Better IAG on Apprenticeships is vital for young people choosing future careers

6 March 2014

Last night I was privileged to attend a reception hosted by the Deputy Prime Minister, to promote the benefits and value of careers to girls and women in Science, Technology, Engineering, Maths and Medicine (STEM).

As I was about to leave, a group of girls in school uniform came bounding up to me, looked at my name badge and said, “You’re from the National Institute of Adult Continuing Education. Should I do an apprenticeship or go to university?”

This had been the focus of discussions all evening. Although most work functions that I attend are dominated by education and employment professionals, this event was refreshingly full of young women who are currently involved in, or had recently completed, a STEM apprenticeship, alongside groups of teenage girls in school uniform with challenging questions about what they should do next.

As apprentices shared their experiences, one of the most common narratives focused not around their choice of STEM roles, nor around the challenges of being a woman in this environment, but in the lack of support – and sometimes opposition – they experienced at school to choosing an apprenticeship over a university education.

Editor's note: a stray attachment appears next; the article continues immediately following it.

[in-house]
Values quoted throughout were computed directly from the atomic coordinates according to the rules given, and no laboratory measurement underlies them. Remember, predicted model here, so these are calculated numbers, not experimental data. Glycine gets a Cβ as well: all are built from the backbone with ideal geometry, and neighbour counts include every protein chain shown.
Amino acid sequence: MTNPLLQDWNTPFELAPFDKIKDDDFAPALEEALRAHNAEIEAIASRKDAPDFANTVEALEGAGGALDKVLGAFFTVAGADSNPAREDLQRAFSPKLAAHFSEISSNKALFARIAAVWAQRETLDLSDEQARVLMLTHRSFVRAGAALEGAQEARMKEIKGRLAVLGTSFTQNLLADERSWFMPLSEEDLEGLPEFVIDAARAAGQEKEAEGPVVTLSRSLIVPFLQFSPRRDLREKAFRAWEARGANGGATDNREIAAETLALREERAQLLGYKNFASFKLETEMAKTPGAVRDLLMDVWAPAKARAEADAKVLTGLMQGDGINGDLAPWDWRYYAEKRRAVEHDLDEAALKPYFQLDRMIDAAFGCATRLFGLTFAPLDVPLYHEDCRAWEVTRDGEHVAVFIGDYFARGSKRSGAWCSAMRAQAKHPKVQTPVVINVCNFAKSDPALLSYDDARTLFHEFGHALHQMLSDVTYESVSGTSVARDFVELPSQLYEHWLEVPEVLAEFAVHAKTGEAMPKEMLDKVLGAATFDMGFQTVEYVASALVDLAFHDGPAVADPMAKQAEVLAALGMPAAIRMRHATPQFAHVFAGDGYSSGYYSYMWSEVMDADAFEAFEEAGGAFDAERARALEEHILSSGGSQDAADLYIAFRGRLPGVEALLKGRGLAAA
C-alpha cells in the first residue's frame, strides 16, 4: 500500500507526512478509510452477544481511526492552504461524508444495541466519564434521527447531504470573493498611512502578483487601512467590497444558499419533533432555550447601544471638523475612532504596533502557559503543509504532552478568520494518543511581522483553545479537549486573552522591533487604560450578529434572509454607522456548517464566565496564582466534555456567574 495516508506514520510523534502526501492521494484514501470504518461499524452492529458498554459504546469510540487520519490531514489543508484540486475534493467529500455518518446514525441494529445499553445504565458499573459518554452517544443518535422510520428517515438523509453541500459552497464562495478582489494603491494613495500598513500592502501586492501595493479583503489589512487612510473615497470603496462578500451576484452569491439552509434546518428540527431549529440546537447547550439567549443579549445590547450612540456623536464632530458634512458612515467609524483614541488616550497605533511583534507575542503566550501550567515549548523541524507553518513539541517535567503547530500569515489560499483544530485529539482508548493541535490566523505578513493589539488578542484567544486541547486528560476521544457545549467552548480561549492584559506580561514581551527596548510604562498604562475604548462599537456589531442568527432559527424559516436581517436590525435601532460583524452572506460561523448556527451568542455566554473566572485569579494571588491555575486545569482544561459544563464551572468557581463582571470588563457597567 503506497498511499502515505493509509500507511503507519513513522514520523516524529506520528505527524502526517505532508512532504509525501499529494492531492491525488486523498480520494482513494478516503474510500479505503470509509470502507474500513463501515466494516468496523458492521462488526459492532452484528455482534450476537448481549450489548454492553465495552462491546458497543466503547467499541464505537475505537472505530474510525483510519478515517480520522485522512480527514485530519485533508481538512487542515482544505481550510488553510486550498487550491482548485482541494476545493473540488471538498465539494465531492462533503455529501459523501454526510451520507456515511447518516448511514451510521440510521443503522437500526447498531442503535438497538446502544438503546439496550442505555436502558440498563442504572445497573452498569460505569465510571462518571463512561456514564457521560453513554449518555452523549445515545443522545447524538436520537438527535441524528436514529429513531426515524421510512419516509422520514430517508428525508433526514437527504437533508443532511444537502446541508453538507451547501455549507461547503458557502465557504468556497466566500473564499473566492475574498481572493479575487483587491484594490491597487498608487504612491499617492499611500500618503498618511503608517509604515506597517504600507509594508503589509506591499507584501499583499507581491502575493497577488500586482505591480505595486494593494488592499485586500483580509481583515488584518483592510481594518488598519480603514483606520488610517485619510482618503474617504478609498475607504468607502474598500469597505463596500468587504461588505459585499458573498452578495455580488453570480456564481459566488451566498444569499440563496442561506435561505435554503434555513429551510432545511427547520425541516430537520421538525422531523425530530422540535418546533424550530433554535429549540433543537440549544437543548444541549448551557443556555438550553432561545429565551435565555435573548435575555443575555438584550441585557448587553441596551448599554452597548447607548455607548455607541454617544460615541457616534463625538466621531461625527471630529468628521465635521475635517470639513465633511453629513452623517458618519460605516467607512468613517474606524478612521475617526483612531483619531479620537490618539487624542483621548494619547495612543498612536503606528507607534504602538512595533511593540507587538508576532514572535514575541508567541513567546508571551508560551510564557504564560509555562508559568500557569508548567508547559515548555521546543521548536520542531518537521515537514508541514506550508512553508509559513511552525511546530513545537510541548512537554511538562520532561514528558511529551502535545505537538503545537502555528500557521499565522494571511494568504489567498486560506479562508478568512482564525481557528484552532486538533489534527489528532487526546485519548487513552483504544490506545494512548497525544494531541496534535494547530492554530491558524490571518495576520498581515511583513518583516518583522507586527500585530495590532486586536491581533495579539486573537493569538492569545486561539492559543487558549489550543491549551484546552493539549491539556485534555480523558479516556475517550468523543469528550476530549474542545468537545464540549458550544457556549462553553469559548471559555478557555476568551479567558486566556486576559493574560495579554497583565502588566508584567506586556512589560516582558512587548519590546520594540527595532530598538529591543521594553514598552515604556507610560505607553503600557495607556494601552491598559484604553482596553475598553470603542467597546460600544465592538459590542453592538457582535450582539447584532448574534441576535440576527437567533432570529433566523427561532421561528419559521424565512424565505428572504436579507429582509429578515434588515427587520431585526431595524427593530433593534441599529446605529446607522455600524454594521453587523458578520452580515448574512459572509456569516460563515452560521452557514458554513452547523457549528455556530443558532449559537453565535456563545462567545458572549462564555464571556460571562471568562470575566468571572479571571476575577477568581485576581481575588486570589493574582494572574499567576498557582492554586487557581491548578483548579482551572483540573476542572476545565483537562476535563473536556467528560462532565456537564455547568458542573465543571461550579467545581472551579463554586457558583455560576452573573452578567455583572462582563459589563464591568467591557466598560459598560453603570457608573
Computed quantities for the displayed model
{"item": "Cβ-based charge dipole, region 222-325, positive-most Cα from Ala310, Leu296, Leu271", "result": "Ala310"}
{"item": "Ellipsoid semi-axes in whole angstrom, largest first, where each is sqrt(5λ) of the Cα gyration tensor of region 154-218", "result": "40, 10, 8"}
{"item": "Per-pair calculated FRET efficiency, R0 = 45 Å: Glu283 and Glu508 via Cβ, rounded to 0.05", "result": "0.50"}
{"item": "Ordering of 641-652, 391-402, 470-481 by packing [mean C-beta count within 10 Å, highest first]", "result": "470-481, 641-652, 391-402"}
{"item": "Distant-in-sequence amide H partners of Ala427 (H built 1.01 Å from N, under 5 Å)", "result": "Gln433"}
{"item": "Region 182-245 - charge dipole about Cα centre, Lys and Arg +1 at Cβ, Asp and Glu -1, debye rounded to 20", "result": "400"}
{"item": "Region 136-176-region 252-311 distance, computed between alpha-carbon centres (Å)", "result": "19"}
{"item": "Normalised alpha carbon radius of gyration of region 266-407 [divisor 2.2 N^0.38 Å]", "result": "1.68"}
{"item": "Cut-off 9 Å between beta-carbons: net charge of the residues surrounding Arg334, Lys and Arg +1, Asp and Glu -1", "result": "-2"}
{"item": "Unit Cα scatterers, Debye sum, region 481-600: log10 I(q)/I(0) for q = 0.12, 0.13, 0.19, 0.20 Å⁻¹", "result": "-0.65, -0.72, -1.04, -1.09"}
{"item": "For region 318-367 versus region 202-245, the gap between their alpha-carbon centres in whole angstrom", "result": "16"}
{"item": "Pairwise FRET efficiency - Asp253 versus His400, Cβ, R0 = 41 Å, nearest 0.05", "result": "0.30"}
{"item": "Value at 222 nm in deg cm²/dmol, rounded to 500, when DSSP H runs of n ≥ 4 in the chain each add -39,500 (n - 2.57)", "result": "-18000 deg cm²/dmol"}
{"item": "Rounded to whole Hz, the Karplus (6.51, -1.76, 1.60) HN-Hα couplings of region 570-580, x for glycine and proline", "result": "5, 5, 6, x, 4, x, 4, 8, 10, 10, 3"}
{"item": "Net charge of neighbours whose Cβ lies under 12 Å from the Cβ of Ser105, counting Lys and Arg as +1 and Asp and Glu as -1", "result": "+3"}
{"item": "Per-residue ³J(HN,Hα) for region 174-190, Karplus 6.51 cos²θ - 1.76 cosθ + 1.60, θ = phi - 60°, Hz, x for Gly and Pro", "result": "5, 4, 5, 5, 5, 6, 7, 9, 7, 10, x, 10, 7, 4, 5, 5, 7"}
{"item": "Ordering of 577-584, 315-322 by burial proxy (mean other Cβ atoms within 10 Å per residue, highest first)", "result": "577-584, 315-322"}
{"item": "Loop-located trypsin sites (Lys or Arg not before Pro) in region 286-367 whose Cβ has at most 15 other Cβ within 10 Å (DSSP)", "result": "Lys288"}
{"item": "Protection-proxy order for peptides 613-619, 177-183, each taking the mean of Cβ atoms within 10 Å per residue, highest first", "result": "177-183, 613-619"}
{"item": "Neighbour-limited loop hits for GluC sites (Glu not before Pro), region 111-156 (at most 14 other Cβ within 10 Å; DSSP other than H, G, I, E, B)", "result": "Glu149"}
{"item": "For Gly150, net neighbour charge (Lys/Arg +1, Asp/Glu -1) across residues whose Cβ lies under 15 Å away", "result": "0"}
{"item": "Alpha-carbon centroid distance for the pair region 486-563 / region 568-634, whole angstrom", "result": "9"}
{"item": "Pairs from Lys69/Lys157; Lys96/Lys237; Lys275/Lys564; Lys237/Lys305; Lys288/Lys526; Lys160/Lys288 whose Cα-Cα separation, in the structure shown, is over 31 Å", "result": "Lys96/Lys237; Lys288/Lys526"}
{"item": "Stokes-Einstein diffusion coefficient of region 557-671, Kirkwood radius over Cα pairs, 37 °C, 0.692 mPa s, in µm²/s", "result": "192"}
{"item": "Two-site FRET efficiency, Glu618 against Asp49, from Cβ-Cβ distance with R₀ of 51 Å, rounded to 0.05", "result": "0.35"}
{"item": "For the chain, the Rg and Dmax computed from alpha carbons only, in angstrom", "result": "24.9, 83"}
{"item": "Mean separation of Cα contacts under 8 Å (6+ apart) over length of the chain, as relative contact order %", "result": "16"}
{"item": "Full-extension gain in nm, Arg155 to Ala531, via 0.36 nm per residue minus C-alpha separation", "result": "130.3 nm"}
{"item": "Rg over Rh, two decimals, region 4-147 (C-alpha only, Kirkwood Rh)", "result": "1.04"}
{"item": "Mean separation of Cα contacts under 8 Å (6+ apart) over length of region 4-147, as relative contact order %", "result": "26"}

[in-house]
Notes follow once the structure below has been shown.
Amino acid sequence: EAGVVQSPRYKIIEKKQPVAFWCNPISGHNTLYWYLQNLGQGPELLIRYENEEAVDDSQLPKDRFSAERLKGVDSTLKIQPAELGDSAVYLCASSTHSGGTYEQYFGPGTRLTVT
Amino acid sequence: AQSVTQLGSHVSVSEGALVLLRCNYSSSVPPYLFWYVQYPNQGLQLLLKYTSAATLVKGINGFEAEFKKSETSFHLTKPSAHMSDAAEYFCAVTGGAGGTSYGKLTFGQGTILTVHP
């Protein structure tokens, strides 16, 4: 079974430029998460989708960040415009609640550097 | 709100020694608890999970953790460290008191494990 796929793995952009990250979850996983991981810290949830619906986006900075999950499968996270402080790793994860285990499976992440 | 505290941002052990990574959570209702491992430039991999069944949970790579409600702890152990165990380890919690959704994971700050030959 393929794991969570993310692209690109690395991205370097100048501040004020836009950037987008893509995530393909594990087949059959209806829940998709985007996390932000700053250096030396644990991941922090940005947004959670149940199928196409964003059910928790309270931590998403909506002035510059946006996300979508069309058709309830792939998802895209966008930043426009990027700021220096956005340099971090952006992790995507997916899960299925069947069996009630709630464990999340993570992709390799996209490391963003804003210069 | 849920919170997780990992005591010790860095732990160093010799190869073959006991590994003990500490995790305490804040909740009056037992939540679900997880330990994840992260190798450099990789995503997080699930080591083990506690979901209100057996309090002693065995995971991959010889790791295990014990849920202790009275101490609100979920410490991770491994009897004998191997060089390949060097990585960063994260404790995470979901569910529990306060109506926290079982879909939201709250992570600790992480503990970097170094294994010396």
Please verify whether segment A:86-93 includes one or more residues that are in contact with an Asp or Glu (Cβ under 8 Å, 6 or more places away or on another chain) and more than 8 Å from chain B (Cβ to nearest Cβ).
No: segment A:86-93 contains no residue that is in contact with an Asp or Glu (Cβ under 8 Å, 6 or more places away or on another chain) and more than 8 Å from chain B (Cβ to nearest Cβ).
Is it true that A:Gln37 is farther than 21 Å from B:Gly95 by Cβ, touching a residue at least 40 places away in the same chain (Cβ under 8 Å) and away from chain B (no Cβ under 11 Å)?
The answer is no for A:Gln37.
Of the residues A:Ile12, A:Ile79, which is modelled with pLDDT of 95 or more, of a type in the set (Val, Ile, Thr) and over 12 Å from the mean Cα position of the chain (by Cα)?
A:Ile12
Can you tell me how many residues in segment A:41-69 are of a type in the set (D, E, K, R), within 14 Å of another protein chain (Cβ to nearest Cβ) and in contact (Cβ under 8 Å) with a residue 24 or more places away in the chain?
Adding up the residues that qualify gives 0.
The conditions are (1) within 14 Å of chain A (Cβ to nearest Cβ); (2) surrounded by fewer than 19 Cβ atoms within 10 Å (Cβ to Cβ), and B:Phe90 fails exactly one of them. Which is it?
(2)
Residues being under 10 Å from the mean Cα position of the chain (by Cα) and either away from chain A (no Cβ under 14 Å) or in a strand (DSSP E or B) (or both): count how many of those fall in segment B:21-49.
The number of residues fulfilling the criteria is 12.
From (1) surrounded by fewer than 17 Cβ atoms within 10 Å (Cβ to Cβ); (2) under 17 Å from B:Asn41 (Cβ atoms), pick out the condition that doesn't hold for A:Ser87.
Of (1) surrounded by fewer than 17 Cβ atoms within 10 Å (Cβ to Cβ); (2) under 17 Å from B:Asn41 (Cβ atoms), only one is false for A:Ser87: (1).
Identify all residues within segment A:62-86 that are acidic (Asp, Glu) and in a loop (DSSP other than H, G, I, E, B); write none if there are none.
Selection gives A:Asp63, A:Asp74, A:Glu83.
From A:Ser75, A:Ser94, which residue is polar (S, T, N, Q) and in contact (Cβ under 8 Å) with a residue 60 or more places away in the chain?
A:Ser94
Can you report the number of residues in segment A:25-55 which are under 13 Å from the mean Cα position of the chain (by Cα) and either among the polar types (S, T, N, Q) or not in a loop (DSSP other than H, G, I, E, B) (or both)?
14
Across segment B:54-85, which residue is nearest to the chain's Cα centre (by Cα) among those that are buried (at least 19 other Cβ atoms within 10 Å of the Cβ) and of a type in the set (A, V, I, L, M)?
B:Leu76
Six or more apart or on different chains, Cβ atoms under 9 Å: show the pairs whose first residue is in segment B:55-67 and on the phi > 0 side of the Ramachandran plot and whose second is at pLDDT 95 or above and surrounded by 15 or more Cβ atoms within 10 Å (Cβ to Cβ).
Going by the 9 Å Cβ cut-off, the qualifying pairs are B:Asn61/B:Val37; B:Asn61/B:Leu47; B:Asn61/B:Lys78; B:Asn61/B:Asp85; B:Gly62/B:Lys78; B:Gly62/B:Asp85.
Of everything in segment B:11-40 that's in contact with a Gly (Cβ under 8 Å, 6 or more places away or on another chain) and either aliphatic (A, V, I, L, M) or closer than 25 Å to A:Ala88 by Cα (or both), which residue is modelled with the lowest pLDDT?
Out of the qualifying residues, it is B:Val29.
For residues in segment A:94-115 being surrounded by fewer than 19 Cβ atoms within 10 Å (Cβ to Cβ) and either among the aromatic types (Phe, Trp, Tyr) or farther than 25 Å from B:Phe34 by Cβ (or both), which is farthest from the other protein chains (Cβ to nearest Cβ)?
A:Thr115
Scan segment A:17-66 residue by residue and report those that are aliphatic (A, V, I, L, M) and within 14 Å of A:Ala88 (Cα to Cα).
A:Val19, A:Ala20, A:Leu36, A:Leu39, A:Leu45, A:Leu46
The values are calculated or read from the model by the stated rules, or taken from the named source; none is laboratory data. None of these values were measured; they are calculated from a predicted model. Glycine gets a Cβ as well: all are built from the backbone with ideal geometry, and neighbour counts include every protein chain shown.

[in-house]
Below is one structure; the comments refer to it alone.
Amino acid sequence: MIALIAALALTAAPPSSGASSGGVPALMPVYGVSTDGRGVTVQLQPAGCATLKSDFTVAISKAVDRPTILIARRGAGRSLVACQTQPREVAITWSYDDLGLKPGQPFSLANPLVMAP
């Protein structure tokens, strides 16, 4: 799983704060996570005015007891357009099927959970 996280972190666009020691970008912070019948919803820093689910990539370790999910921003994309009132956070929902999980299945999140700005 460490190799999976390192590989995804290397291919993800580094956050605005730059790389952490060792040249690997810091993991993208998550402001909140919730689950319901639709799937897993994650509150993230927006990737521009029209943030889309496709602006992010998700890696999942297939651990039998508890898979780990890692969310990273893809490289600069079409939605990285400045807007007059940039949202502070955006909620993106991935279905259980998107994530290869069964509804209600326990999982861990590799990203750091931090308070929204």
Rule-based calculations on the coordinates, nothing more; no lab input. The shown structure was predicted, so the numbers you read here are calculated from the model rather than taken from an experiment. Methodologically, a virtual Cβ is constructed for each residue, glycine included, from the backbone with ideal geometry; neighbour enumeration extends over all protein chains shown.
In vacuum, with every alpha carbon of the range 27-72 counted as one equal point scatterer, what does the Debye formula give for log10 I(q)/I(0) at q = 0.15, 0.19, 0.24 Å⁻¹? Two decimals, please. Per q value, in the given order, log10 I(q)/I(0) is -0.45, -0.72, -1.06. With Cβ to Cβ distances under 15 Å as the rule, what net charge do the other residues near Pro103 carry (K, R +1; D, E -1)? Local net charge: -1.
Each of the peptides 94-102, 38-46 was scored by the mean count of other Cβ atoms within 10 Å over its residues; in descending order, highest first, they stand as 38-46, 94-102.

One young woman, who had already completed several years as an engineering apprentice at BAE systems and was now being supported by them to undertake a degree, explained that her grammar school had regularly run seminars to prepare students for university life, while those interested in apprenticeships were “sent to the library to revise”. Others spoke of a lack of information and advice about apprenticeships or of being made to feel like an educational failure for not pursuing a university education.

In his keynote, Nick Clegg re-iterated the announcements he made earlier in the week to support young people into work – and called for more apprentices and employers to get into schools to talk about apprenticeships. As an articulate and passionate female apprentice from Rolls Royce took the stage, the question from the floor was “What single change could politicians make to get more girls into apprenticeships?” The answer given, to rapturous applause, was to get more information and better advice about apprenticeships into schools.

Of course, this is not just about STEM, nor is it just about the careers of women and girls. All young people need access to high quality information, advice and guidance about the learning opportunities on offer if they are to make good decisions about their future careers. I hope that the focus on this issue during this years’ National Apprenticeship Week ensures that it becomes a reality for many more young people.